Muscari - grape hyacinth, bluebell or bluebonnet - is a genus of perennial bulbous plants in the family Asparagaceae native to Eurasia, and commonly used as ornemental plants.
They produce spikes of dense, most commonly blue, urn-shaped flowers resembling bunches of grapes in the spring.
Sowing & planting
15 - 65
6 - 7
Identify my grape hyacinth
The muscaris are easily recognizable by their blue, violet or blackish flowers, sometimes white, small ovoid bells with narrow aperture, united in a very close cluster, in which they are almost welded.
The leaves, long (about 20 cm) and narrow, a little fleshy, of a beautiful green, are located at the base of the plant, and usually appear after the inflorescence.
Plant my grape hyacinth
All spring bulbs - and therefore muscaris - can be planted indoors or outdoors.
In the garden, arrange them in large groups to form beautiful spots of color - you can also vary the exposures to have spreaded blooming!
Plant in the sun or in the shade, in the fall, dig deep, remove all weeds and pebbles and add some peat and sand to the soil.
The depth of the hole depends on the size of the bulb you want to plant. The depth must be equal to two and a half times their height.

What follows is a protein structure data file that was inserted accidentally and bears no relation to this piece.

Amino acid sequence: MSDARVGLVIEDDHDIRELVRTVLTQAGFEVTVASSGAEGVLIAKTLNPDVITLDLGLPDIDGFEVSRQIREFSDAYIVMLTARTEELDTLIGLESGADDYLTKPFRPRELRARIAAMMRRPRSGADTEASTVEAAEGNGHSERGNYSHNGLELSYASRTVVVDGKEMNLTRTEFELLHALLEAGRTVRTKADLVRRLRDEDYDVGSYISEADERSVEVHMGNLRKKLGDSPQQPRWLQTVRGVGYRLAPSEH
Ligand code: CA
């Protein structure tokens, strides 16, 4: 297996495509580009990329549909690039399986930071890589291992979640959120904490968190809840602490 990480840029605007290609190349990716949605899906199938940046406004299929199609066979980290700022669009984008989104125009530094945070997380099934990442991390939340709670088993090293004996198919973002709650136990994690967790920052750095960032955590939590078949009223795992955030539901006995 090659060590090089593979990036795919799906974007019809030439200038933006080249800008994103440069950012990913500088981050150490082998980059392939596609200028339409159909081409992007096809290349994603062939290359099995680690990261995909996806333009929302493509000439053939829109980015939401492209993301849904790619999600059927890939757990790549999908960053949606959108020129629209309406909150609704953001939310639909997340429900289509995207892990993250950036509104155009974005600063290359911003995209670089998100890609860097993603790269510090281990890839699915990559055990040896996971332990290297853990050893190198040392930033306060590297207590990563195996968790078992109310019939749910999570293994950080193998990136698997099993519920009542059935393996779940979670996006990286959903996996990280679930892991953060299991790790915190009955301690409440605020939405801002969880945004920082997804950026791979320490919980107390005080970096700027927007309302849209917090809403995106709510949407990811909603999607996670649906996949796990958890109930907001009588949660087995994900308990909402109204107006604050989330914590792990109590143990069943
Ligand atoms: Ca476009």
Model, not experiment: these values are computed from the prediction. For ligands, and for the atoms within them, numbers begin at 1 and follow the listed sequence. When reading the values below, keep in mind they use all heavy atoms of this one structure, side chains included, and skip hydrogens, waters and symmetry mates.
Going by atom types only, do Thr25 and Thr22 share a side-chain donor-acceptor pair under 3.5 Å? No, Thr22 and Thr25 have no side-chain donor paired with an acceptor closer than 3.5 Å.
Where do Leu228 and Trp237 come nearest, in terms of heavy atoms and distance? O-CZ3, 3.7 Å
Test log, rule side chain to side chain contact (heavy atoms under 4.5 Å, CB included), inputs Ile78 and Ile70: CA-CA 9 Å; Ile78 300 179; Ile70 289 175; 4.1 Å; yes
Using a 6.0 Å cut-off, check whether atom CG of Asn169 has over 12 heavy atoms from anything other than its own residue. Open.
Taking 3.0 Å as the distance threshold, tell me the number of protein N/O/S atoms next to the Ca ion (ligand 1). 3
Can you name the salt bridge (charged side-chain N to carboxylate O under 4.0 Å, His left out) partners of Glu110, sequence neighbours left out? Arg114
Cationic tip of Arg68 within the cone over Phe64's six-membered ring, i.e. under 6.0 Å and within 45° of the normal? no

Help yourself with a bulb planter, it is graduated and therefore very useful: push it into the ground to the desired depth, remove it (he takes the earth with him). Then put the bulb at the bottom of the hole, point up. You can put a small layer of sand at the bottom of the hole so that your bulbous plant always has dry feet, and at the same time do not risk leaving a pocket of air that would accumulate water.
Finally, cover with earth, by removing the planter which releases the soil which it had carried away. Finish with a good watering.
Indoors, in pots or in a planter, plant the bulbs tight against each other for a mass effect. Water regularly for a few weeks.
Water my grape hyacinth
The muscaris do not need watering, except for the first weeks, if they are in pots, and of course in case of super dryness during the growth period!
In the month of August, the muscaris are dormant - even very dry weather will not bother them ...
Mulch my grape hyacinth
A light layer of mulch over a well-drained soil will limit evaporation and much of the need for watering.
Dead leaves and small broken branches will do perfectly! Mulch out in November, and again if necessary in April-May. 3-4 cm of mulch should be enough.
Prune my grape hyacinth
You can cut the stalks once they have faded, but wait until they have dried naturally: this is when the bulb regains strength to face the winter - and start again the next spring!
Propagate my grape hyacinth
You can easily divide the muscaris tufts, well after flowering, in June or so in September. Separate the bulbs by hand, and give your neighbors and friends extra bulbs!
Repot my grape hyacinth
Repot every 3 years in June or September, to divide and to renew the substrate of your muscaris. Separate the bulbs by hand, and replant in a new substrate. Remember to water for a few weeks!
Check on my grape hyacinth
If your muscaris do not really like where they are installed, they can develop crown rot. Watch from time to time, and move them as needed.